Conversations with chatbots: helping people in the DRC access multilingual COVID-19 information

“How is coronavirus different from Ebola?”

“What are the symptoms of Corona?”

“How many times a day should I wash my hands?”

“How else can I protect myself from Corona?”

These are questions that people are asking in the Democratic Republic of Congo in Lingala, French, and Congolese Swahili. And their questions are being answered by a bot, in their own language.

The bot’s name is “Uji,” which is short for ukingo and jibu, which mean “prevention” and “response” respectively. Uji is TWB’s first multilingual chatbot and a key part of making sure people have the health information they want, in their own language.

Uji supports collaborative and two-way communication

Everyone has the right to access the information they need and want, when they want it, and in a language they understand. Yet frequently information is only available in global commercially-viable languages, or in the national languages of a country. Furthermore, this information is often only available in a top-down manner, with humanitarians and health agencies deciding what information people can and should receive.

TWB has long advocated for humanitarians and development professionals to integrate multilingual technology in their programs. This allows people living through crises to proactively and independently get answers to their questions. And with the COVID-19 pandemic related restrictions denying crisis-affected people access to humanitarians, new communication tools are needed.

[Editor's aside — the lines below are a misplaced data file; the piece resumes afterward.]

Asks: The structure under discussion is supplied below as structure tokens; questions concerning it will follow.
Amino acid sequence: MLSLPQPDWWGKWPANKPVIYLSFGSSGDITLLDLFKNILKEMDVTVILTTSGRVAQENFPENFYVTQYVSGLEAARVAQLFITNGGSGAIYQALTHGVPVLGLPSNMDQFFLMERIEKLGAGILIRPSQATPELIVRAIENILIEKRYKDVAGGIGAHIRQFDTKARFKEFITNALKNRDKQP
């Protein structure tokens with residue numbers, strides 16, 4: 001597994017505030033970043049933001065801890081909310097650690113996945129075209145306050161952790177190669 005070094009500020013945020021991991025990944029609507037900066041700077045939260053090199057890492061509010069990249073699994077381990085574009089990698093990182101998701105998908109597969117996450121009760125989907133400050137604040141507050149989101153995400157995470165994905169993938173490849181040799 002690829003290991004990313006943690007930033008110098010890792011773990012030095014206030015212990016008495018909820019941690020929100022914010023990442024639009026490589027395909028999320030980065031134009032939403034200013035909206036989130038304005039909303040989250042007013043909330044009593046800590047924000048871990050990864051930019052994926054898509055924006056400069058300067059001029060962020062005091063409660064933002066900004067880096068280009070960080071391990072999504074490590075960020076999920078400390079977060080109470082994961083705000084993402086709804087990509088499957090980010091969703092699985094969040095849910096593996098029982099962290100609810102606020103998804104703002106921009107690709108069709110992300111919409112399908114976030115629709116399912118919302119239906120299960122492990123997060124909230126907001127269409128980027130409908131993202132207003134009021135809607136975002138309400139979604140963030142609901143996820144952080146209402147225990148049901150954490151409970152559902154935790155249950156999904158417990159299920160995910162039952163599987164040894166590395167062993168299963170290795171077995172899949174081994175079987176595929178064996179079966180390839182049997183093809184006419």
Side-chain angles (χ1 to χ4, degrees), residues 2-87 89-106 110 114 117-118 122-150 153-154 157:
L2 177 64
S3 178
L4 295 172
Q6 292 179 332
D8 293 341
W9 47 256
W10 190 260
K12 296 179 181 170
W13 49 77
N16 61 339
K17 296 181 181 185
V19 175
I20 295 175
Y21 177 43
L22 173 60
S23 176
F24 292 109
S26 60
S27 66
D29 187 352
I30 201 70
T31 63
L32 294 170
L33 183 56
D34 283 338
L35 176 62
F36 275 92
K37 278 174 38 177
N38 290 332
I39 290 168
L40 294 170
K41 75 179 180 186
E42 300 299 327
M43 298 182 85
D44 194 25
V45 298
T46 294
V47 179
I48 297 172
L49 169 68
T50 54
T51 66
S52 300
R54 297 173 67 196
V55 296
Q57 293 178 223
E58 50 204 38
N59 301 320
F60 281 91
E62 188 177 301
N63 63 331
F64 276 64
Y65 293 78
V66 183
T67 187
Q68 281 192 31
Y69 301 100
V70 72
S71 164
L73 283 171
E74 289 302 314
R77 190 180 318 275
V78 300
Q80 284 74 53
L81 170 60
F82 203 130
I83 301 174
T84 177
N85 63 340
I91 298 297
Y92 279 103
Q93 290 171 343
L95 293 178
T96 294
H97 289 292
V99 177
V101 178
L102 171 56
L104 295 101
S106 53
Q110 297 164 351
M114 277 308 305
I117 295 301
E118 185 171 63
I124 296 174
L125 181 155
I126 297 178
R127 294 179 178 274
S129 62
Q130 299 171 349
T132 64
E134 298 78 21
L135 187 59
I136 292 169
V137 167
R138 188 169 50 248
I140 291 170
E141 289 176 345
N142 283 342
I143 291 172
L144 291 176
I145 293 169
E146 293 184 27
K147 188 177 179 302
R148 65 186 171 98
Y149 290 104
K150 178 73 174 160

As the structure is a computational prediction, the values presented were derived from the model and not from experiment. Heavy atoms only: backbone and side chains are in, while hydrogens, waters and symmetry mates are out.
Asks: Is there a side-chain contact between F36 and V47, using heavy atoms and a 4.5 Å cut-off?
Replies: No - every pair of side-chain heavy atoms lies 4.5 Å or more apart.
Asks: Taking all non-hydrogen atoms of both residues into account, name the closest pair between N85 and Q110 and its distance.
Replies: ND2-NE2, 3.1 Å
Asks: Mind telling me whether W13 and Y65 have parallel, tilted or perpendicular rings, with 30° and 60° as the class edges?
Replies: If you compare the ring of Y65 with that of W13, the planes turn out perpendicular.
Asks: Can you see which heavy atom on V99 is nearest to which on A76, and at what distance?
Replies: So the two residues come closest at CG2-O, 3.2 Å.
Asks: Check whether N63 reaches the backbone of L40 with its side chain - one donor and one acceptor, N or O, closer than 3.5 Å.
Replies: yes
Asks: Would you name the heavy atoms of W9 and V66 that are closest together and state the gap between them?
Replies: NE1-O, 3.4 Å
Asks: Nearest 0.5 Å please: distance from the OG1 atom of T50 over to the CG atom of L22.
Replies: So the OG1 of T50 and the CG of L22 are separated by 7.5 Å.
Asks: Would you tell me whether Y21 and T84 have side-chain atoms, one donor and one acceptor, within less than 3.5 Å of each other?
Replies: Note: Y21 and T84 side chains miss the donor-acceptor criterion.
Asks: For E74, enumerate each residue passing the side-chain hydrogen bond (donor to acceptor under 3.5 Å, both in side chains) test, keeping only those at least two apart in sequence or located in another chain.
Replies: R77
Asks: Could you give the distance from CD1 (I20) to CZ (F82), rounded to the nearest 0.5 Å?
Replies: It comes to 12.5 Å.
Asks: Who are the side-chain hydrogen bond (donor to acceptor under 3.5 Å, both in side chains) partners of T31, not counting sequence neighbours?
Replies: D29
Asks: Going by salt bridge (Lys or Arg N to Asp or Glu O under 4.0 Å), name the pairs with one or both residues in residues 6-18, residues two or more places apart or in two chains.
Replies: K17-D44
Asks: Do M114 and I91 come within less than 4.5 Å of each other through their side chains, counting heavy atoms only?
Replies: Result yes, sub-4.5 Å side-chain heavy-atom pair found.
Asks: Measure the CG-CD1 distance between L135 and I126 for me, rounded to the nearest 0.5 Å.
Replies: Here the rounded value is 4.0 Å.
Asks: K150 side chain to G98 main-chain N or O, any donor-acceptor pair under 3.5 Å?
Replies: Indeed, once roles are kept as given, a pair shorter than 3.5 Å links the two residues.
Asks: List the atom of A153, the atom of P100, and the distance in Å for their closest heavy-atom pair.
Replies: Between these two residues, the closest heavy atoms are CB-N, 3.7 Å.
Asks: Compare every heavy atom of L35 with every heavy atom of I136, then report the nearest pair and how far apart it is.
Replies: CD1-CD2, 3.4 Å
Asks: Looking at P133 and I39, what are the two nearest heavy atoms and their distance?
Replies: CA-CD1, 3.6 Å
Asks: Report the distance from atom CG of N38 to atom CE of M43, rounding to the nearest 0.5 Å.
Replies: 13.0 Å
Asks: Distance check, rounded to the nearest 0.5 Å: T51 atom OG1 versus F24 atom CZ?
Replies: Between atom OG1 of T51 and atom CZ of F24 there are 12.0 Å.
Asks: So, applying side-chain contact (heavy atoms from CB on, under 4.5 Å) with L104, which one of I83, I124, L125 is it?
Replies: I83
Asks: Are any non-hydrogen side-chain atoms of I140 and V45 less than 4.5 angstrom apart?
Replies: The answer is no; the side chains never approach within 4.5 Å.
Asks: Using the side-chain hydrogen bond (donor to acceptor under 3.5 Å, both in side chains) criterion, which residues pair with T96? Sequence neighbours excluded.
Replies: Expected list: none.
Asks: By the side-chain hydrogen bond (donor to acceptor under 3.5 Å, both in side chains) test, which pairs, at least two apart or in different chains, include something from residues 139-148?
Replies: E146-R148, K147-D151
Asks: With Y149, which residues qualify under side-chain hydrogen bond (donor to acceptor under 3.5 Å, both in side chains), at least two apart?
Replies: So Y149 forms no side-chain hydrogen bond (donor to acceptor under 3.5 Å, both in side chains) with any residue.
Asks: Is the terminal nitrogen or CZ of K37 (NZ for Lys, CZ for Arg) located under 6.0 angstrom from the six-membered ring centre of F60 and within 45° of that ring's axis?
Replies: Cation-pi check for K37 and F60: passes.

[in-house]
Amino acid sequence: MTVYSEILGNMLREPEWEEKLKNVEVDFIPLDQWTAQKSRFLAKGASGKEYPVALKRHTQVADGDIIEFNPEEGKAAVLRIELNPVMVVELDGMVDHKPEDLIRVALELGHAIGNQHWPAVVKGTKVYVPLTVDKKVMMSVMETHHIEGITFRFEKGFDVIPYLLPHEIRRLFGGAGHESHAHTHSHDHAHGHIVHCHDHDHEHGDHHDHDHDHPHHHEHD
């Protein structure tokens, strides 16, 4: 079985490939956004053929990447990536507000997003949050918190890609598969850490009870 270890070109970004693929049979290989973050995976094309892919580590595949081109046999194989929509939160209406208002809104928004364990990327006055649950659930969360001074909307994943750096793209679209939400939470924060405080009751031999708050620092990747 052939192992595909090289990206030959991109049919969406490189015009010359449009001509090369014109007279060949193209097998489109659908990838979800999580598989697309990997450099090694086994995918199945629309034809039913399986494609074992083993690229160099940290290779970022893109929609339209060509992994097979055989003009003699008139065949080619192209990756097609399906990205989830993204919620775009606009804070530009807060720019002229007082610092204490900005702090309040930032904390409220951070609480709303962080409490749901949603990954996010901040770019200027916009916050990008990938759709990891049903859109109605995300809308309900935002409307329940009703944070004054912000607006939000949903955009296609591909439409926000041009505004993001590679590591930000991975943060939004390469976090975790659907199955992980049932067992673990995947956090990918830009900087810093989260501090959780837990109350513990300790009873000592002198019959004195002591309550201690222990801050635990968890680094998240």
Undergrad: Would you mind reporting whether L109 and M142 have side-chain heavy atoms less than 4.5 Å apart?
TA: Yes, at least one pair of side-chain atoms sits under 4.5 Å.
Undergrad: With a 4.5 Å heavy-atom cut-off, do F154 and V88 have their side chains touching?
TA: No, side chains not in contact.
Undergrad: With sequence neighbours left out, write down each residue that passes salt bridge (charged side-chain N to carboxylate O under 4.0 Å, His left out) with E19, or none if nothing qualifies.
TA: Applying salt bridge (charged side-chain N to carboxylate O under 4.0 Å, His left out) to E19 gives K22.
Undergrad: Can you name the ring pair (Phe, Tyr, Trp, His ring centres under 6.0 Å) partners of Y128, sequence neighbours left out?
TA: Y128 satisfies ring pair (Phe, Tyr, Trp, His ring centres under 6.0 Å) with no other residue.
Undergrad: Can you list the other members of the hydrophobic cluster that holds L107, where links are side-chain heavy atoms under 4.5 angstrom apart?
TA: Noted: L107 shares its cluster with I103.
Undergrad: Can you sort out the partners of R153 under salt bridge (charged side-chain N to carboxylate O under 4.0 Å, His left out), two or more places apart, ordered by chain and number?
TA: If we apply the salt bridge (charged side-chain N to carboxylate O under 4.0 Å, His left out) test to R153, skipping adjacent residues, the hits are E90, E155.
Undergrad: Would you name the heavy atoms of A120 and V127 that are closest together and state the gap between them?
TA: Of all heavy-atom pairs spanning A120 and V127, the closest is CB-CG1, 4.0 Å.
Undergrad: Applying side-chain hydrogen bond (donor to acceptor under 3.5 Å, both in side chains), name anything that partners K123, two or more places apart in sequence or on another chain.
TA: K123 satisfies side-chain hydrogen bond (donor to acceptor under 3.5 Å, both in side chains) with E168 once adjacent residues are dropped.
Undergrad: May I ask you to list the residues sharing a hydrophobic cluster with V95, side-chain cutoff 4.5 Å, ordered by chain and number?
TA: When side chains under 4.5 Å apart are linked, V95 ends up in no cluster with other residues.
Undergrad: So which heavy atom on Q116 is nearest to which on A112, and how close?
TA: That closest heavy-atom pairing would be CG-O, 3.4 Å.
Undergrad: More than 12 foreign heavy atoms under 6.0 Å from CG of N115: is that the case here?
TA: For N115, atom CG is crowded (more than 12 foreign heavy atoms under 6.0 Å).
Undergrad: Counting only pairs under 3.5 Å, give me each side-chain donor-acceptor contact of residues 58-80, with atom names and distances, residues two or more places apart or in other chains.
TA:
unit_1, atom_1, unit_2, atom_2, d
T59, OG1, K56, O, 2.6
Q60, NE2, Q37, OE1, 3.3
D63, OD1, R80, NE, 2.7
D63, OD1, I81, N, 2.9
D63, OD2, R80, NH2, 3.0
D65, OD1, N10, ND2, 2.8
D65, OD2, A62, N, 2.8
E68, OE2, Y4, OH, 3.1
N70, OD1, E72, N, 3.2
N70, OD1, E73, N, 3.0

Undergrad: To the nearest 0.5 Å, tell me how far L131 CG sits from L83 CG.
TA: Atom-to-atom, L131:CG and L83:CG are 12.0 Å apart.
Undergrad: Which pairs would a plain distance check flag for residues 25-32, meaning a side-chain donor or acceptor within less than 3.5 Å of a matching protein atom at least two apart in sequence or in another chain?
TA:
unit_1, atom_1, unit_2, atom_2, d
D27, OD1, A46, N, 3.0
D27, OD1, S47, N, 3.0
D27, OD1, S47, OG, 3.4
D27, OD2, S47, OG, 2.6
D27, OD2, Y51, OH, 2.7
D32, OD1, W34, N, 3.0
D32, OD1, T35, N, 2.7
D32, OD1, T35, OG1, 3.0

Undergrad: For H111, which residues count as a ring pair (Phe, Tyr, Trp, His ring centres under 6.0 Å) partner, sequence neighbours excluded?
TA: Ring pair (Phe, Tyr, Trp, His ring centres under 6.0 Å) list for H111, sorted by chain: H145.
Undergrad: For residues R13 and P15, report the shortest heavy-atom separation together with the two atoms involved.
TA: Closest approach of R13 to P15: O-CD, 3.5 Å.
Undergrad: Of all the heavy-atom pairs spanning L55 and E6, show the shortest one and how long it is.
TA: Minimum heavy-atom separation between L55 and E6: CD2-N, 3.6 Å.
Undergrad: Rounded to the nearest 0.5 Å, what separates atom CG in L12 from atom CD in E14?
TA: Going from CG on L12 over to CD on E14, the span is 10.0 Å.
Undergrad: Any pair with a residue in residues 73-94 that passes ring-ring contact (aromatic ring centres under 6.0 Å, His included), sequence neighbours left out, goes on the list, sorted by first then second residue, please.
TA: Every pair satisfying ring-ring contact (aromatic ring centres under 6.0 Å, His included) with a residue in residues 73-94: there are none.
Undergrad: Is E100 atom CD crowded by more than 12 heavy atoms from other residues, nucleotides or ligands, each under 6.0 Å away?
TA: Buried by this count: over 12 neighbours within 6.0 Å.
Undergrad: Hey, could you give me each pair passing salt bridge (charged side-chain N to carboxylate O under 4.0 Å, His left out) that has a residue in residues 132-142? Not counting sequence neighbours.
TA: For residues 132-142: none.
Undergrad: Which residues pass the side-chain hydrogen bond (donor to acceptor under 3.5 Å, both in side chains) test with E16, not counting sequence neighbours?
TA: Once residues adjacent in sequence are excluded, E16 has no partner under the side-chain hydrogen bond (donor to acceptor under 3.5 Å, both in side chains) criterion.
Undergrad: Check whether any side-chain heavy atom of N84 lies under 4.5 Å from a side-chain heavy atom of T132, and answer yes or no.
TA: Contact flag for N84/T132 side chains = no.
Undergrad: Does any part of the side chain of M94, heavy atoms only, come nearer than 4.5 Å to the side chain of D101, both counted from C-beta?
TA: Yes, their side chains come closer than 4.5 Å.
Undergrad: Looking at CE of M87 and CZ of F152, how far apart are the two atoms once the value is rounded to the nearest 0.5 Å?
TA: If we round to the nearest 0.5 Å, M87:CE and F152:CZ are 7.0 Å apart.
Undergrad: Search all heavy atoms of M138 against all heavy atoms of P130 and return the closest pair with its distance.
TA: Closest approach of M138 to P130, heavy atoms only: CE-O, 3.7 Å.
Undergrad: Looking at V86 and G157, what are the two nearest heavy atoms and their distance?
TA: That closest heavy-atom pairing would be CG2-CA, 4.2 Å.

Uji unites language and technology to bring us closer to this vision of truly equitable information access.

The development of Uji

Access to credible, multilingual COVID-19 information is a challenge in the DRC. “Many Lingala and Congolese Swahili speakers in the DRC are accessing COVID-19 information from different radio shows, websites, and posters,” explains Rodrigue Bashizi, TWB’s DRC Community Engagement Officer. “But the main challenge for accessing COVID-19 information is the cost of internet bundles in the country. Sometimes people receive videos talking about COVID-19, but they can’t open them due to a lack of good internet and the cost of bundles.”

People needed a better solution for their COVID-19 questions. Enter Uji. Rodrigue says, “Uji is a very important tool for people in DRC because they lack trusted information. Since Uji is on Telegram and WhatsApp, it will not consume a lot of internet bundles. It is easy to use. Once it is on SMS it will even be available for people in remote areas with no internet access.”

Rodrigue is from Bukavu in the DRC and speaks Swahili, French, English, Lingala, Kinyarwanda and Luganda. Before joining TWB, he worked as a trainer with refugees in Uganda. At TWB, he is a core member of the team developing our multilingual chatbots for two-way communications. Rodrigue is passionate about technology and says he loves working on chatbots, as he is learning something new every day.

Rodrigue and other TWB team members developed the tool in partnership with Kinshasa Digital, a DRC communication agency that was already working with the DRC Ministry of Health to develop a COVID-19 chatbot. By collaborating with Kinshasa Digital and bringing multilingual technology to the existing bot, we will be able to reach more people, in more languages.